Sunday, October 25, 2015
Radio Heart 96.9 FM, Online Radio Heart 96.9 FM Radio internet, Radio Heart 96.9 FM UK Radio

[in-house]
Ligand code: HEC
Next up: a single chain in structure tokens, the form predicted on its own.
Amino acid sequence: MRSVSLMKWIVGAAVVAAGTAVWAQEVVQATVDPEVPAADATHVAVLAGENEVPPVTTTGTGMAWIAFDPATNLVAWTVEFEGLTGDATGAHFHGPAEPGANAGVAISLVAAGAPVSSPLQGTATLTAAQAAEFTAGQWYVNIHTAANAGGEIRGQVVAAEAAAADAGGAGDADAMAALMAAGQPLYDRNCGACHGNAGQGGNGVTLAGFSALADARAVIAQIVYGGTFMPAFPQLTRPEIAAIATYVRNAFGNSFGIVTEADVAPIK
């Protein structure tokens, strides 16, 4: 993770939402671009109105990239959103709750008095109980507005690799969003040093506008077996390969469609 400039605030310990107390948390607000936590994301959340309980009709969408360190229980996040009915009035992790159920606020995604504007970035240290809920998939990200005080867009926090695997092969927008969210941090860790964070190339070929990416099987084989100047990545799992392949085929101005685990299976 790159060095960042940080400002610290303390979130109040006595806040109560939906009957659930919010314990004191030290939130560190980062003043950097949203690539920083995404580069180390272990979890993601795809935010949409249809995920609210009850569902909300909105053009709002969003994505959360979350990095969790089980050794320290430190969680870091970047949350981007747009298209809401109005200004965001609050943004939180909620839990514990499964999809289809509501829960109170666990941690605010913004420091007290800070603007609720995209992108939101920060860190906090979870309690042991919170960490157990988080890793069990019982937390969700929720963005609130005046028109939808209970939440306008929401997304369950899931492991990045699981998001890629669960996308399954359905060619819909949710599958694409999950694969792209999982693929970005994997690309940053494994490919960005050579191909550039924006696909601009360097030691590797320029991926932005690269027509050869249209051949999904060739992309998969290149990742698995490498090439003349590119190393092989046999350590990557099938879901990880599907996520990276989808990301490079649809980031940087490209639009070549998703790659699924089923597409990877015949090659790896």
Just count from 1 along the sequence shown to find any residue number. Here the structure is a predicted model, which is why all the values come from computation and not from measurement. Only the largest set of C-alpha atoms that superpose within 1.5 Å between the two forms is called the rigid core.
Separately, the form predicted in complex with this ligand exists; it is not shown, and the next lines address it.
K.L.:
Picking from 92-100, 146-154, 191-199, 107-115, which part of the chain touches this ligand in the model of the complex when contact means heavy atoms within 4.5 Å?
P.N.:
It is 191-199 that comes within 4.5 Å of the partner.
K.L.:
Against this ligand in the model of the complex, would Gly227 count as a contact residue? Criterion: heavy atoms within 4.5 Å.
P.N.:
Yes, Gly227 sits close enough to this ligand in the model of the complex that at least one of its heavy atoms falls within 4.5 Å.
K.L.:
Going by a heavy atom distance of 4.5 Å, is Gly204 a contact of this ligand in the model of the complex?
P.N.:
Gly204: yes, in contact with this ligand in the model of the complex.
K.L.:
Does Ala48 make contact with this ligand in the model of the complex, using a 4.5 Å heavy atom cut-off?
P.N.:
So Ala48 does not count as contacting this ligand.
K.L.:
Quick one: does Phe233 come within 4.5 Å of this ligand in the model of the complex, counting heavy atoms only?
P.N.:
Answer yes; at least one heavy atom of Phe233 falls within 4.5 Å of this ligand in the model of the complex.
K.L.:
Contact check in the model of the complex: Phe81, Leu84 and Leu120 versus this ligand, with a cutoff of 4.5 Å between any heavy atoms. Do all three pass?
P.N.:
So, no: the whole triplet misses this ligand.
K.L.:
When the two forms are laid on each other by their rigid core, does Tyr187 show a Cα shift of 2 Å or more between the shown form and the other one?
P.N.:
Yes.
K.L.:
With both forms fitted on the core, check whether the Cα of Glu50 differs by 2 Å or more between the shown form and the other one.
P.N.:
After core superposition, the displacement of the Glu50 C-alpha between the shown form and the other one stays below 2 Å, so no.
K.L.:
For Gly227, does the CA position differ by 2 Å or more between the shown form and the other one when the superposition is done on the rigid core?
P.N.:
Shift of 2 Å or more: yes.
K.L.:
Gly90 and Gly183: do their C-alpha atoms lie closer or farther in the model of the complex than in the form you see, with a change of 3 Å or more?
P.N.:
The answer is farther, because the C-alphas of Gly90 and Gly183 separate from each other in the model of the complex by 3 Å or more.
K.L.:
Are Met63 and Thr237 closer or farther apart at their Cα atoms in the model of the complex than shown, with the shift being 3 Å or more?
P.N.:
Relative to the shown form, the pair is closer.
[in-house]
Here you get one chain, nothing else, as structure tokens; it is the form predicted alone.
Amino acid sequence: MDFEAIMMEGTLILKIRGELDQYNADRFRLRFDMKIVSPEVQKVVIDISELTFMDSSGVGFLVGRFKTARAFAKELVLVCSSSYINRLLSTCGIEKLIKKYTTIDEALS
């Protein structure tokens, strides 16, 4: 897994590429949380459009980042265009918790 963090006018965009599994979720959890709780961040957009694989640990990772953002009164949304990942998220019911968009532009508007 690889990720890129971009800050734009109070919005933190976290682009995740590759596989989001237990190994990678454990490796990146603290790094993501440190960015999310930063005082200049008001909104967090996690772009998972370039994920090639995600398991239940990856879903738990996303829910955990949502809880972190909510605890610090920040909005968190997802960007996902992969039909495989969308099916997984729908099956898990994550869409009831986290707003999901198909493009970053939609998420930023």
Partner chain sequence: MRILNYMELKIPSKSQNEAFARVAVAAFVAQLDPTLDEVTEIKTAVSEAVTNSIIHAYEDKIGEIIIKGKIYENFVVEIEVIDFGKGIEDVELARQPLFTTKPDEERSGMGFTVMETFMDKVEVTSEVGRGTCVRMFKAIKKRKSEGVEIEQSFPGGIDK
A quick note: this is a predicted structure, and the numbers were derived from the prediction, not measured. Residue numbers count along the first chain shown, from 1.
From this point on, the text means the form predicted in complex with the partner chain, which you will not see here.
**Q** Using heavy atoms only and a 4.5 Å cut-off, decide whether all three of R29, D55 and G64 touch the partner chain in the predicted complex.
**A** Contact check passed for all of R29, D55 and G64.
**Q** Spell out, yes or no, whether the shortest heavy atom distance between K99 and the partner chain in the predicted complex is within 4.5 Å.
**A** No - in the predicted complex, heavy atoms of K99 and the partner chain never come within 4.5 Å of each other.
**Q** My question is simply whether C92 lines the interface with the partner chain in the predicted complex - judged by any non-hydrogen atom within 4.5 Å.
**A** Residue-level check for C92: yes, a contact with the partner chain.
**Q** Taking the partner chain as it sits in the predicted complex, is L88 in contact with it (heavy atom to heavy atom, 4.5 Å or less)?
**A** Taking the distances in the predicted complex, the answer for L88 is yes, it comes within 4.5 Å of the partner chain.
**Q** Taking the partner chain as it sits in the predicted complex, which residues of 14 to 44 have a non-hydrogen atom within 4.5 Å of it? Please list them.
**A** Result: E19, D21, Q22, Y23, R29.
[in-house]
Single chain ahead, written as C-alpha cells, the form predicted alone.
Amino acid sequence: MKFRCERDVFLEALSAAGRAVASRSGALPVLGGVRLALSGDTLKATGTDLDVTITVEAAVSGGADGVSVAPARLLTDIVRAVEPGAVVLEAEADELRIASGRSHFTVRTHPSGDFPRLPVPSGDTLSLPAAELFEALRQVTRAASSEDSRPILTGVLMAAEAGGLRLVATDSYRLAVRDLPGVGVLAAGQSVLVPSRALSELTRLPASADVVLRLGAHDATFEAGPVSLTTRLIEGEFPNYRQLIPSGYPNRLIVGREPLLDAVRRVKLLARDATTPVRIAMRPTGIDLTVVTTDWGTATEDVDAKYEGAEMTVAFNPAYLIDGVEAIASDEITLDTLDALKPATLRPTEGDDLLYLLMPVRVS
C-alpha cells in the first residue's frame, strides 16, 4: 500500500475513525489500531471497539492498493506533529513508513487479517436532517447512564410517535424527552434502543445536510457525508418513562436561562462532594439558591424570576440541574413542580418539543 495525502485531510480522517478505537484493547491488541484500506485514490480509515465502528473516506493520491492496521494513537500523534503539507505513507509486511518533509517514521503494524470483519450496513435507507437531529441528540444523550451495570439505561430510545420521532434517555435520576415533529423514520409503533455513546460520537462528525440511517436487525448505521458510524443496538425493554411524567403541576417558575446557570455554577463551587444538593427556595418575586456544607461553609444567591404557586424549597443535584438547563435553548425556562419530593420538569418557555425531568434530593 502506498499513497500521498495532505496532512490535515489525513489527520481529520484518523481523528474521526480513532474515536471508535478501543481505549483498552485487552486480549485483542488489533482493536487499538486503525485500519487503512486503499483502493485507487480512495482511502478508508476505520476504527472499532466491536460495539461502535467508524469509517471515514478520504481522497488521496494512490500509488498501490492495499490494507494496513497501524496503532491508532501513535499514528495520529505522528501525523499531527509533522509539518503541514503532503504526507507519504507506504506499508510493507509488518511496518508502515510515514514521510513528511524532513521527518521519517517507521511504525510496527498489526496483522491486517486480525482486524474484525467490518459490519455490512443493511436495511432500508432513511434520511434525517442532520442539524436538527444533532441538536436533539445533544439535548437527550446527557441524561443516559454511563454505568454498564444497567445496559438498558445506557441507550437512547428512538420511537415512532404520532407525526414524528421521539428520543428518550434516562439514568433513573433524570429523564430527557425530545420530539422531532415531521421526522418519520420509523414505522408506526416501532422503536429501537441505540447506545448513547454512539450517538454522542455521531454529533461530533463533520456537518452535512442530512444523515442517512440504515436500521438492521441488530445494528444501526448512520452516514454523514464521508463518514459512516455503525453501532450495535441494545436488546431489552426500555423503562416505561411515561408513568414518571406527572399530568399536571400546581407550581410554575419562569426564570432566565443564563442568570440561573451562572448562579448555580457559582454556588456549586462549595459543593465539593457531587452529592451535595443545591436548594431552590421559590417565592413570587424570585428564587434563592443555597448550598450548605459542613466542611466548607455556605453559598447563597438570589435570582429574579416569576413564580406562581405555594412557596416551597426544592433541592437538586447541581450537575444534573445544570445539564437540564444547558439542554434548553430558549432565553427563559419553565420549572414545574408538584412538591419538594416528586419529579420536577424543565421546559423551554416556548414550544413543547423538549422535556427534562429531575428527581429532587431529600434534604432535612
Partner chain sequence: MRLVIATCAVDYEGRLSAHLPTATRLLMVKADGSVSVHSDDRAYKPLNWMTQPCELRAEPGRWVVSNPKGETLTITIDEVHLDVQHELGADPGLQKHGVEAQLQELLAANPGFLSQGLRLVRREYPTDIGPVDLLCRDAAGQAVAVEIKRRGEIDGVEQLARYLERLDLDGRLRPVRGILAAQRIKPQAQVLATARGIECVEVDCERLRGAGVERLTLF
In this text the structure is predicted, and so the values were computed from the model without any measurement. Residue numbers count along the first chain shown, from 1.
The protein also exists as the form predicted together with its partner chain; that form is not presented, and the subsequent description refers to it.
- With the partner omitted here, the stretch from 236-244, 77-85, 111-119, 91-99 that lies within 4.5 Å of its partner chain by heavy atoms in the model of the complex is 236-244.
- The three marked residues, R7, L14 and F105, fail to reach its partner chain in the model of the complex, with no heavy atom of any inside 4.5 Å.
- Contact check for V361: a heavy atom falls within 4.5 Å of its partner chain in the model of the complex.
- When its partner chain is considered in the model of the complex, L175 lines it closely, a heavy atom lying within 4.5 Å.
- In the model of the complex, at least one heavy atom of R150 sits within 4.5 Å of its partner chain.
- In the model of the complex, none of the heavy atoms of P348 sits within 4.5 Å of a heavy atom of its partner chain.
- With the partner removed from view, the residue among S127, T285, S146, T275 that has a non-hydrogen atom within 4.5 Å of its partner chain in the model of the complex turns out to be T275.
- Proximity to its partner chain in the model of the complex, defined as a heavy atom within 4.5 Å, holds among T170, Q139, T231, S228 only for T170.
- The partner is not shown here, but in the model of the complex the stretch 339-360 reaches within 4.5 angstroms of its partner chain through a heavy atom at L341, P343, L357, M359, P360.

You've got to learn what's expected of a police officer and what isn't. Yes, sir. I'll try to learn not to hate hoods so much. You don't hate hoodlums, you like to beat them up. You get fun out of it. You like to read about yourself in the newspapers as the tough cop who isn't afraid to wade in anywhere. Your job is to detect criminals, not to punish them. Is that all, sir? I'm reducing your rank, Dixon. You're going back to second grade. Any more complaints against you for cruelty or roughhouse and you'll be back in uniform pounding a beat. It's no fun telling you this. You're a good man with a good brain, but you're no good to the department unless you learn to control yourself. All right, you can go now. Thank you, sir, for the advice. Hey, Willie. Willie! How you feeling, Willie? Feeling fine, thanks. Don't you think you'd better be in bed, Willie? Parole rules allow me to o'clock. I got minutes yet. How's Mr Scalise, Willie? What you tryin' to do, trap me? I ain't consortin' with questionable characters and nobody can prove I am. That's a nice boy. You better get to bed, it's good for you. Sure. Who is it? Willie. My point. Come on, eight the hard way, two fours. Seven the loser. You're lucky tonight, Mr Morrison. The little lady brought me luck. Your dice, Mr Paine. Pass. Your dice, Mr Morrison. OK, I'll shoot ,. I'll take one. I'll take of it. I'll take the rest. You're covered. Hello. Care to join our game, Mr Bender? Sure, sure. How are things? Oh, fine. Bumped into a couple of old friends of ours, Dixon and Klein. They asked about you, but I think they're too busy to drop in. Too bad. All right, come on, dice! Give it to me, a six. Right back. Here we go, six! Ten. Ten. Mr Morrison is from Texas, and very rich. Here, you breathe on 'em. Now you got Lady Luck ridin' with you, dice. This is it, a six! Give it to me! There it is, a six! And getting richer. Six is my lucky number. I'll shoot the whole ,. Are you taking any, gentlemen? A grand. Same here. Four open. You're covered, Mr Morrison. I like your friends, Mr Paine. Can't get better action in Amarillo. All right, dice, now we're going for the big money. Come on! What do you know? A seven! If you don't mind, I'd like to go home, Mr Morrison. Morgan. Ken, I have to be at work at .. That's right, you can't keep a working girl up all hours. Then I'll take you home, Morgan. We'll all go. I'll get your things. There y'are. Mr Morrison. Yes, sir? You're grand into it. Oh, well, that's all right, you'll get it back some other night. I ain't leavin' town for a week. Tell him you changed your mind, you wanna stay. No, Ken, I told you I could only stay until midnight. You can't do this to me! I'm not doing anything to you. I brought him here. Oh radio So that's it. Yes, that's it! And you're foulin' me up again. That's all you ever do! You're telling him to stay. No, I'm not. Why, you radio Morgan! You heel! 'th Precinct. Address, rd Street Hotel, c West rd Street. 'Cars , and , proceed immediately.' That's us. Hello, Sergeant. Hiya. Foley. Hi, Sarge. Dice joint, huh? Yeah. A floater. Get his name? Morrison. Big barracuda. He was DOA. Knife cut his heart in half. Nobody did it, nobody saw it. There's a cut on his hand. He hit somebody hard. Who runs this parlour? Tommy Scalise. He's in there. So dream boy finally stepped into something, huh? I've been waiting quite a while. You should've gone home to bed, Willie, like you were told. You'd be asleep now, with no parole troubles. I live in this hotel. I just dropped in for a cigarette. How do you do, Mr Scalise? Where did you hide the knife, dream boy? Go easy, Dixon. Keep your hands off me. Talk. Wise up, Mr Dixon. You made a monkey of yourself before, trying to hang something on me. Who ed him, you or one of your playmates? You find a corpse and right away I'm a er. You've been a er for a long time. Have I? As I remember it, the jury found me innocent, and they weren't out more than minutes. You're still a er. Why do you always try to push me in the gutter, Dixon? I got as much right on the sidewalk as you. Don't talk to me about rights.
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